While Bido.com was an exciting joint venture for me, DNJournal.com remained my primary enterprise. I have been able to report on the industry in the way that I have for the past five years because I have taken time to build key relationships and trust with people and companies in every part of the domain business. As long as I call on them as an independent party, the door is always open. If I had to call on anyone as a potential competitor that would change the dynamic with those parties and make it more difficult for me to do my job at DN Journal.


I had not anticipated that this would be a problem because Bido’s business plan is based on launching entirely new services or bringing new twists to existing services that made them unlike any current platforms. However, as we have gone about putting the bricks in place I am seeing that other companies also have an interest in entering some of the same territory Bido is targeting. While that will not be a problem for Bido as a company (because I 

think they will be a strong competitor in any category they choose to operate in), it eventually would be a problem for me because DN Journal would no longer have open access to information from those Bido might end up competing with. 


So, while we are still early in the process I feel now is the time to step away and avoid future problems. Considering the track record that Sahar, Darren and Jeff have I understand that this decision means I am likely leaving a lot of future revenue on the table. But relationships have always meant more to me than money, so all things considered, I know that this is the right decision.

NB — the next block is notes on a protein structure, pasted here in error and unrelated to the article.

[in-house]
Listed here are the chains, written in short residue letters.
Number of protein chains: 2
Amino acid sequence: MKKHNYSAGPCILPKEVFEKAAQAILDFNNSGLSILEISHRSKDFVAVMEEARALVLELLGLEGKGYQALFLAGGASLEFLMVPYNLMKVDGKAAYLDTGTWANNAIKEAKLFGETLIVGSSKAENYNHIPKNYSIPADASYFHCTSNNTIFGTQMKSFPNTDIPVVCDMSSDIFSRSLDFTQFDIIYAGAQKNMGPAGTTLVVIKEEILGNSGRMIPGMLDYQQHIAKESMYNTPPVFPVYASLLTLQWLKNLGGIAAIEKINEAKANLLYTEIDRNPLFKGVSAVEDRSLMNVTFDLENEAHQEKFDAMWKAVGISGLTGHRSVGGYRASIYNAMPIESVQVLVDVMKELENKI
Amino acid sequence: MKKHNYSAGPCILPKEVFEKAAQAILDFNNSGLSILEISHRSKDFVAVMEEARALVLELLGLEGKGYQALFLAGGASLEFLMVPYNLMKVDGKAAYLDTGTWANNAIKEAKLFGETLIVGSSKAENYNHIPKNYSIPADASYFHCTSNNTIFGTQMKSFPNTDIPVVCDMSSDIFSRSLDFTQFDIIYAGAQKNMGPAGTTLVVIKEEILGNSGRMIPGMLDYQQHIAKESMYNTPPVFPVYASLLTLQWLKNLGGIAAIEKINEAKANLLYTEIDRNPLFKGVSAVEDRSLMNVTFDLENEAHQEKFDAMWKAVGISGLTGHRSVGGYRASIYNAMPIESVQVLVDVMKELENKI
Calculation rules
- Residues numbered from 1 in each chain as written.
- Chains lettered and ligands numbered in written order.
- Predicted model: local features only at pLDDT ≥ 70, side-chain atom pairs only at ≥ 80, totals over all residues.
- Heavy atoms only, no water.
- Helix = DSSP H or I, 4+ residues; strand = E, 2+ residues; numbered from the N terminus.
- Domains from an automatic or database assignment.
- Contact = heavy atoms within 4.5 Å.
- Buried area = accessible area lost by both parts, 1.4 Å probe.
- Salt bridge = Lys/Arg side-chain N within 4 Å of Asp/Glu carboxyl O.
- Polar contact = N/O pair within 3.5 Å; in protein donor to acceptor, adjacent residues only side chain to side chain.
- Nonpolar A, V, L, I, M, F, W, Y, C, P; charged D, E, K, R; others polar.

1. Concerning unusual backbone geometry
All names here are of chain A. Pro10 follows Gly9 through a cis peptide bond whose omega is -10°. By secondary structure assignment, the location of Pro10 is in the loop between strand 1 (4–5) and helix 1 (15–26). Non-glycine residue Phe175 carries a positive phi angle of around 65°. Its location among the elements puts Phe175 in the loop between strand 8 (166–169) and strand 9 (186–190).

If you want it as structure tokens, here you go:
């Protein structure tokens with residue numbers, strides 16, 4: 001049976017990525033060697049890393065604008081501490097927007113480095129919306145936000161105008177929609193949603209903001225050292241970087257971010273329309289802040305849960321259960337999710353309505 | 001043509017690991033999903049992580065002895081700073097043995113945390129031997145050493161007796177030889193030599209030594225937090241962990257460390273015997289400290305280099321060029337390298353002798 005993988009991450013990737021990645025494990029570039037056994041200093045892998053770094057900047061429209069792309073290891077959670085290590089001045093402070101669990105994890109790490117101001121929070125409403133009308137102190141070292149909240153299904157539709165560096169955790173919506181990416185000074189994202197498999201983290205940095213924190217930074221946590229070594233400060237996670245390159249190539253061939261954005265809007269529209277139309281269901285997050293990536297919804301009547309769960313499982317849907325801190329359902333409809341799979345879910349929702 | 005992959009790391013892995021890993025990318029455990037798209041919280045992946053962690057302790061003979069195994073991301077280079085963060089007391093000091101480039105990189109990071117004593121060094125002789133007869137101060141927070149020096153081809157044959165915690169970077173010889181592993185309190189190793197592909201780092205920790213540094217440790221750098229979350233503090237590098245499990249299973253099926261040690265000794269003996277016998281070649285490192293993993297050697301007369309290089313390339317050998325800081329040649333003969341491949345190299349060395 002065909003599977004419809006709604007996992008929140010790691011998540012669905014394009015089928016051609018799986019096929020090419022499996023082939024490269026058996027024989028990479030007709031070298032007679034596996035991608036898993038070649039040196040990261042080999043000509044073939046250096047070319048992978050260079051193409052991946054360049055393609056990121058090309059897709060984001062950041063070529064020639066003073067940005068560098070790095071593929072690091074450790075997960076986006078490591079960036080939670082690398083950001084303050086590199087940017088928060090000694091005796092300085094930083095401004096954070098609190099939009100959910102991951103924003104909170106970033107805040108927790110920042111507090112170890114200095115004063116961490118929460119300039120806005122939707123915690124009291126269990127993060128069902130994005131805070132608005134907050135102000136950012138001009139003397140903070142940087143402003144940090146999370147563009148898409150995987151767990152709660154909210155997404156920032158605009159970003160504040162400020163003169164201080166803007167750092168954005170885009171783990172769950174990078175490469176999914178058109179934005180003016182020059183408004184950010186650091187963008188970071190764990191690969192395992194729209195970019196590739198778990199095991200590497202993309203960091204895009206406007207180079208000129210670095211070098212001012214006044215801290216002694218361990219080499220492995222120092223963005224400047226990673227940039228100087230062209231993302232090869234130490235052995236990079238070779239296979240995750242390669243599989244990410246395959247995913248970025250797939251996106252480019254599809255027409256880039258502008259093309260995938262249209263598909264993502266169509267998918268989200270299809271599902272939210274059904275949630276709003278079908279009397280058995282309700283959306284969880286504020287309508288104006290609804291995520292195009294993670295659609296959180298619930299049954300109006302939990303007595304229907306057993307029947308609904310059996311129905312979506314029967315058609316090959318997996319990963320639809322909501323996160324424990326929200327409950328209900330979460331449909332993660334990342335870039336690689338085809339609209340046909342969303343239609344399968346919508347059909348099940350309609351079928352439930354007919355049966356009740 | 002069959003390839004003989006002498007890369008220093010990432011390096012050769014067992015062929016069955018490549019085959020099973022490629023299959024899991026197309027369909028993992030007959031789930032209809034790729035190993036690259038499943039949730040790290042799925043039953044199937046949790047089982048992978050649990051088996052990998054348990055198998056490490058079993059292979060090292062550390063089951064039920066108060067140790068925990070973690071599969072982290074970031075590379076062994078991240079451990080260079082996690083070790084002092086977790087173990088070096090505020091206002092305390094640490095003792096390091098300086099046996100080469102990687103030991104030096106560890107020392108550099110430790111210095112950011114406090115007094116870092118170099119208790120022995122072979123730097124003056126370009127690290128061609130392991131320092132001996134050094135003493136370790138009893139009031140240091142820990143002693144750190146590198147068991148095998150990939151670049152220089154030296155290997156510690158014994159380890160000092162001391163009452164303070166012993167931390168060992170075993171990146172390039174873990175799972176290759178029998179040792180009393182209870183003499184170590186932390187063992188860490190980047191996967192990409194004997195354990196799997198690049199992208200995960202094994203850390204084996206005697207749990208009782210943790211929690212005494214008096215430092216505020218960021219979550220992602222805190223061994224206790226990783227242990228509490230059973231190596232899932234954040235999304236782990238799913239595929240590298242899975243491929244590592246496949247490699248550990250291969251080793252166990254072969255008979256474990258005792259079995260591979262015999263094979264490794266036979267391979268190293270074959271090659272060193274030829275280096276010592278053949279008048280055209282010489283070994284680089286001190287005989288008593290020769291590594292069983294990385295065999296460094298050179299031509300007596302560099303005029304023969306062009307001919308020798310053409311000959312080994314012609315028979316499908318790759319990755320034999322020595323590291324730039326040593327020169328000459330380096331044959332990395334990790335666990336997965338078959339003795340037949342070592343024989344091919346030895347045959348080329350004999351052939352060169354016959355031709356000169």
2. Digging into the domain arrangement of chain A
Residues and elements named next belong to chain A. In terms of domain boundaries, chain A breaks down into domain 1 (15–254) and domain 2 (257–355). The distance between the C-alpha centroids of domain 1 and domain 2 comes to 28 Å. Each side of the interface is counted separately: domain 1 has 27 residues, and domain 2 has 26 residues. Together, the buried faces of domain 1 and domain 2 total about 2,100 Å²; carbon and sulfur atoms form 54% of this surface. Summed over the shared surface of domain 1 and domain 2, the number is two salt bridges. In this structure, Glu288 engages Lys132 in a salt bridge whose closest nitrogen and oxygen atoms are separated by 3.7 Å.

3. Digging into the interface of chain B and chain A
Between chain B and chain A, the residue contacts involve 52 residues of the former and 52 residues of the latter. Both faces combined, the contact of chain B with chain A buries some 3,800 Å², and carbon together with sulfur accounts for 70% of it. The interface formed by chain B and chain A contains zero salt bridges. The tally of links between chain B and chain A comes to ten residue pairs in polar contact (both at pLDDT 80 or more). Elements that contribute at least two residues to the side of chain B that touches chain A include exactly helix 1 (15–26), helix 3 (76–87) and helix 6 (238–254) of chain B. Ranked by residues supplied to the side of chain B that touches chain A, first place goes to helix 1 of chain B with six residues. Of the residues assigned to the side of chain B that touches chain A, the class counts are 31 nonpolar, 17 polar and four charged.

Working with Sahar, Darren and Jeff has been a very valuable experience. I learned a lot from observing how they work together and leave grateful that I had the opportunity. As businessmen each of them is truly light years ahead of me. I leave knowing that they are the ones who have been doing the heavy lifting on this project so they deserve to be the ones who reap the benefits from their talent and hard work. My best wishes go with  them.
(Posted March 11, 2008) To refer others to the post above only you can use this URL:

In a move that may be the wave of the media future a half-dozen web, print and electronic media outlets in Silicon Valley (including the local NBC-TV affiliate on Channel 11 - have joined forces to form the Virtual Valley Network. If you read our February Cover Story about

Boulevards New Media founder Dan Pulcrano it won't surprise you to learn that Pulcrano is in the middle of this groundbreaking venture. His SanJose.com and LosGatos.com websites are part of the new network as is his weekly Silicon Valley print newspaper The Metro.

Establishment of the Virtual Valley Network comes on the heels of more layoffs at the area's major newspaper, the San Jose Mercury-News. Pulcrano said, "We are concerned about the consolidation, layoffs and disinvestment in local publishing and want to make sure that communities here are well covered. We will be expanding our news coverage and adding resources." Virtual Valley's editorial director Eric Johnson said "Please send resumes, we are looking for news writers and editors who know this market well."